not to arrest Generals who are so badly needed in war effort, and with strong demand
Madame Nhu leave country on extended holiday. (Question of future role of Nhu could
be left to later discussions.) 

In the intermediate discussion the most important is relations with the Buddhists.
Our feeling is that you should frankly say that negotiations with puppet bonzes will
not accomplish purpose. We recognize that the other side of this coin is that we must
assure Diem that we will make every effort to persuade the Buddhist leaders to throw
themselves fully into the common effort for the independence and security of

Other points might be: 

1. Repeal of Decree 10 by immediate executive action or by special session
of the National Assembly. 

2. Restoration of damaged pagodas. 

3. Release of students and reopening of closed universities. 

4. Removal of press censorship. 

At some stage, you will wish to talk about future relationships between American
advisers et al and free scope to them in helping to carry on the war effort at all
appropriate governmental levels. (In this respect we fully agree with Harkin's
decision to refrain from giving assurances in light of statements made to him. He and
all military advisers should now concentrate on reestablishing normal relationships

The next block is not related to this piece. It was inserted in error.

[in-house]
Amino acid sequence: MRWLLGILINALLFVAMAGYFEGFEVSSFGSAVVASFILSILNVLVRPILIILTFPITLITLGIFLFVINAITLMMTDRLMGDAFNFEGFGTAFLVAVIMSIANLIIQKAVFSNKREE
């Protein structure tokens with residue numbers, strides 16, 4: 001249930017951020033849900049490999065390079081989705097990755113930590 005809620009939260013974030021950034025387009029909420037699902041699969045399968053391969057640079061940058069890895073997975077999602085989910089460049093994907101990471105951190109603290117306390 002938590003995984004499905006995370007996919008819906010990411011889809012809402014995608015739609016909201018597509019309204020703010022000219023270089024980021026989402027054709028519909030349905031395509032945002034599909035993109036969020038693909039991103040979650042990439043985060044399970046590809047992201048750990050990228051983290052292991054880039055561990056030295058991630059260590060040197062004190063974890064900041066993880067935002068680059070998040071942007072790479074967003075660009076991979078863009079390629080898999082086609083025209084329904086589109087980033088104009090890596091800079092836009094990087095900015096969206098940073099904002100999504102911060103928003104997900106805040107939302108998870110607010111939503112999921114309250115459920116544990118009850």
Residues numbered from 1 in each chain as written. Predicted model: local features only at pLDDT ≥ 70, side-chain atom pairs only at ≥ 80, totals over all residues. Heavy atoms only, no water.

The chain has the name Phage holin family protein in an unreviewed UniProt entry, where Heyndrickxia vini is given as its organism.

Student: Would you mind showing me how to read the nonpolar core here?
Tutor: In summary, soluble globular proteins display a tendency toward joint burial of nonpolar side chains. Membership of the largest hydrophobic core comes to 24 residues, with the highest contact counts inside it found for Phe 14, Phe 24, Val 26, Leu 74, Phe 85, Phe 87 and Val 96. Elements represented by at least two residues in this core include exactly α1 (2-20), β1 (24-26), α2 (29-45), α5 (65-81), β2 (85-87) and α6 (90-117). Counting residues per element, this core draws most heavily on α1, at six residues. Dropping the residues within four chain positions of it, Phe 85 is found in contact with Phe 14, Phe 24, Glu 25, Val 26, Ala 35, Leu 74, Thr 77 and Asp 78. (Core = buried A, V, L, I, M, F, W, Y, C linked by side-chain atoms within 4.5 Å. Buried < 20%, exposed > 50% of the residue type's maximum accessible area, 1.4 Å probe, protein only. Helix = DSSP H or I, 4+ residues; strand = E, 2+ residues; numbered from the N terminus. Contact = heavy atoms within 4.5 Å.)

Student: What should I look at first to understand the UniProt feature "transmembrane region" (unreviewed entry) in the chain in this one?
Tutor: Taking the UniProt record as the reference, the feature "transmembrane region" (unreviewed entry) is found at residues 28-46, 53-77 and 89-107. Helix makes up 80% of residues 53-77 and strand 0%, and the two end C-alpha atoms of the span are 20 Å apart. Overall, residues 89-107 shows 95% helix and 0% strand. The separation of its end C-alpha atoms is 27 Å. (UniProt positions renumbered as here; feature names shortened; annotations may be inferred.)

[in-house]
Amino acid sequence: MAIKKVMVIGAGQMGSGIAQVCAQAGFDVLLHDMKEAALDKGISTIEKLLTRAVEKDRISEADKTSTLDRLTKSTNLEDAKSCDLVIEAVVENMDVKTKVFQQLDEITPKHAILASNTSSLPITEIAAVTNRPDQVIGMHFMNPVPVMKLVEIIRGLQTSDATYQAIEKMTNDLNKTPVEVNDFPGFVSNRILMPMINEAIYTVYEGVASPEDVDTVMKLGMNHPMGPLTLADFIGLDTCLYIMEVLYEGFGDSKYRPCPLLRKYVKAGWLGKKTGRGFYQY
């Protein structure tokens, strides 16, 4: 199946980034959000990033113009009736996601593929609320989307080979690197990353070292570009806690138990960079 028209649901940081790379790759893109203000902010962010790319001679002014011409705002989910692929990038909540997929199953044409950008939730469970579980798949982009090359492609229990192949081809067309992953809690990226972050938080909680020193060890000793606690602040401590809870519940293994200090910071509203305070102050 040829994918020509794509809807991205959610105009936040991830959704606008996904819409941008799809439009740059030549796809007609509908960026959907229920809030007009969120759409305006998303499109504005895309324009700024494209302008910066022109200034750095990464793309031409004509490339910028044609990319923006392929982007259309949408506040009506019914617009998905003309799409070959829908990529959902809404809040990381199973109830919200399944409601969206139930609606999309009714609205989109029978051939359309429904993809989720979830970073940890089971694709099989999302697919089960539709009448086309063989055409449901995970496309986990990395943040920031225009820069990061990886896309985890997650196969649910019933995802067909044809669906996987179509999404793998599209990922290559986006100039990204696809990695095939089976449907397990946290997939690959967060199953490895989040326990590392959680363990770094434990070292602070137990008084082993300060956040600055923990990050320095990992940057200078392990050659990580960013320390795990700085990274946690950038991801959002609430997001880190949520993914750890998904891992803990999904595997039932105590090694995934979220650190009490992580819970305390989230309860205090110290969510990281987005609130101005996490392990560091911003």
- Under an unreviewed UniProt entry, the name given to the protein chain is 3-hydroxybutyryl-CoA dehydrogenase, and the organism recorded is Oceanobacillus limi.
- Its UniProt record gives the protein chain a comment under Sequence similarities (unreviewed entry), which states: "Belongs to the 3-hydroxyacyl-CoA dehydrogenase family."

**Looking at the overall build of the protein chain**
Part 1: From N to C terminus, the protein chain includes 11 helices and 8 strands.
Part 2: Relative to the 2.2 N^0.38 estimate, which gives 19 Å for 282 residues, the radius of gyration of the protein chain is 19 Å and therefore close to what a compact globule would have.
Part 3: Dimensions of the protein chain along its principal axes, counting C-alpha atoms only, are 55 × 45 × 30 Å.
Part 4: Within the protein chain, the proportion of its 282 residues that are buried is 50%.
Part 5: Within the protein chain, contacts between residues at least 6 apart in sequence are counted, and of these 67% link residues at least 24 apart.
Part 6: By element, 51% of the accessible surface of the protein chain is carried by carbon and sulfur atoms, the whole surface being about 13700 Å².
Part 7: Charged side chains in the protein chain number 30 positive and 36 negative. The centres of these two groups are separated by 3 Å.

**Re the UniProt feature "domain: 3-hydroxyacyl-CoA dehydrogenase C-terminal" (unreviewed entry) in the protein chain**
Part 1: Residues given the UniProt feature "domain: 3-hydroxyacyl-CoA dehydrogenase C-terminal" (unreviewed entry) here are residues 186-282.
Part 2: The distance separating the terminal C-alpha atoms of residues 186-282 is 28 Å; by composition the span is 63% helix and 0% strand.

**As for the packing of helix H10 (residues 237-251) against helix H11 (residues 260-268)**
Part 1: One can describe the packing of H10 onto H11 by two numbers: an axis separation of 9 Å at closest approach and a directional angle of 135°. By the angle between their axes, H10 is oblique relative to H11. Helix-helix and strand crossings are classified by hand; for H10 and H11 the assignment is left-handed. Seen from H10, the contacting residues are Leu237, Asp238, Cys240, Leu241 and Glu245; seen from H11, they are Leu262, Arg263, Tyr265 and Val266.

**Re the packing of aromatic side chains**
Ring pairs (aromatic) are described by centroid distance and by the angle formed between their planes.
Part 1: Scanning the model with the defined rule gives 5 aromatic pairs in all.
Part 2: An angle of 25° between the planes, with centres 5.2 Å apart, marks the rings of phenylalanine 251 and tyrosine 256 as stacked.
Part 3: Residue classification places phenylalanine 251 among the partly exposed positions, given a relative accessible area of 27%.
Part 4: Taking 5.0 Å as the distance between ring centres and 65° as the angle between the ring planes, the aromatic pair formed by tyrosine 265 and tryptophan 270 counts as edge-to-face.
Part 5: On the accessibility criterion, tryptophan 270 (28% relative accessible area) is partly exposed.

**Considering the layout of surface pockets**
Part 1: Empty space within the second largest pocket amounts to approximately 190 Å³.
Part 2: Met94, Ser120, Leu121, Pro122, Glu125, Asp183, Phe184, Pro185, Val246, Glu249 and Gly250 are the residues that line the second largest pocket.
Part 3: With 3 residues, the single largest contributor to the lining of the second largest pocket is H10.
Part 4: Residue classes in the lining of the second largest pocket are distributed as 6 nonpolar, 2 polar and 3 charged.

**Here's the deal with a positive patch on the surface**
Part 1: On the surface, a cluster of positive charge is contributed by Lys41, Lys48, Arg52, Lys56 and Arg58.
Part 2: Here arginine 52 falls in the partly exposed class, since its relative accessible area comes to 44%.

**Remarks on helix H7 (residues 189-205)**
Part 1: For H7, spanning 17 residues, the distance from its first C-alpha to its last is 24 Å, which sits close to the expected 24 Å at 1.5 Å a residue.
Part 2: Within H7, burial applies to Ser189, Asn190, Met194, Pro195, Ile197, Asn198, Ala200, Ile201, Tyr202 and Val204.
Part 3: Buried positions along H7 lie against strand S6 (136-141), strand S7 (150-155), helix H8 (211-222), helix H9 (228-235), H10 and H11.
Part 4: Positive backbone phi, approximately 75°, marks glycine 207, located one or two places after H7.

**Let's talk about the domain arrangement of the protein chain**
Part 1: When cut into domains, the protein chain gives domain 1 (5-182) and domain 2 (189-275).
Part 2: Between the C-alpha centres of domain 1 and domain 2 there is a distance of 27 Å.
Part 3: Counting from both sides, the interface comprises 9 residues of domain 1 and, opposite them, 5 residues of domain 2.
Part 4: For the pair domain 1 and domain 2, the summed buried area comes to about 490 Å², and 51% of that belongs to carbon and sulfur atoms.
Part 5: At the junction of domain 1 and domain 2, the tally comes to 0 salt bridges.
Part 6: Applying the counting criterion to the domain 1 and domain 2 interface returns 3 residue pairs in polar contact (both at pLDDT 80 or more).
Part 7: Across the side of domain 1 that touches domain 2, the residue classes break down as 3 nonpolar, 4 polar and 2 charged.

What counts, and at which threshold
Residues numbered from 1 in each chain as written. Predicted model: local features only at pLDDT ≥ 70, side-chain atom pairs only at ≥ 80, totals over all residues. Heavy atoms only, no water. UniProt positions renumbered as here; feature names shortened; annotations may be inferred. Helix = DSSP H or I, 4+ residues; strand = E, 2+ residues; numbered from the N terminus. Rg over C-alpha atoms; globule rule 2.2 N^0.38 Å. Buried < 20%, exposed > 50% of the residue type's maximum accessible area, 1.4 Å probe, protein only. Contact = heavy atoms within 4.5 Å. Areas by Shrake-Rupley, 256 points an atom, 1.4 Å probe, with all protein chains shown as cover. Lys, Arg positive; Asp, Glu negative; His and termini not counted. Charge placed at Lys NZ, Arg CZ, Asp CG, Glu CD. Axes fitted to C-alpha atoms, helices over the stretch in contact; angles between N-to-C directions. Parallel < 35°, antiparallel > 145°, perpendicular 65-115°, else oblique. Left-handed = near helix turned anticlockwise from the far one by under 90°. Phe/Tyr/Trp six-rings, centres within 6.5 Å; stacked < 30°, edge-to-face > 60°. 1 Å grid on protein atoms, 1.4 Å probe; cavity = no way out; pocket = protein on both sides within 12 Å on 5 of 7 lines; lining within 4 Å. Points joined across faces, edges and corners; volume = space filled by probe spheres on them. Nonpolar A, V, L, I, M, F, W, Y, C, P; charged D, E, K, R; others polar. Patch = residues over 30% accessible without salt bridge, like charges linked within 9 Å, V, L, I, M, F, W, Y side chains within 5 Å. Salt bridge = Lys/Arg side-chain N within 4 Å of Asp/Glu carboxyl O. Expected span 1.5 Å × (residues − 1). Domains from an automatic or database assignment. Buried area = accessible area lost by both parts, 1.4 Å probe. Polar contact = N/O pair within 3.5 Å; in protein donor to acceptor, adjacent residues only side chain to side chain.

at all levels GVN to get on with the war.) 

Also would you think it useful if we tried to get Vatican to summon Archbishop Thuc
to Rome for lengthy consultations? 

If initial discussions go well, at some stage you may want to urge some form of
reorganization of the government introducing the Generals and perhaps other civilian
leaders into ministerial posts. 

It may be important at a fairly early stage to raise the subject of the GVN improving
its relations with its neighbors and especially to avoid interfering with Cambodian
traffic on the Mekong. 

The above is not an instruction but intended only for your comments. 

We will appreciate your views on it and on any additional actions we should require
of the GVN in order to get on with the task. 

President has reviewed this message and approves it in general. He suggests you
should also plan your response to probable Diem claim that all this trouble comes
from irresponsible press. He thinks you should say we hold no brief for press but
Diem has been playing into their hands. Fact is that actions of GVN have now created
a situation which is very difficult indeed for USG. For example, large cut in aid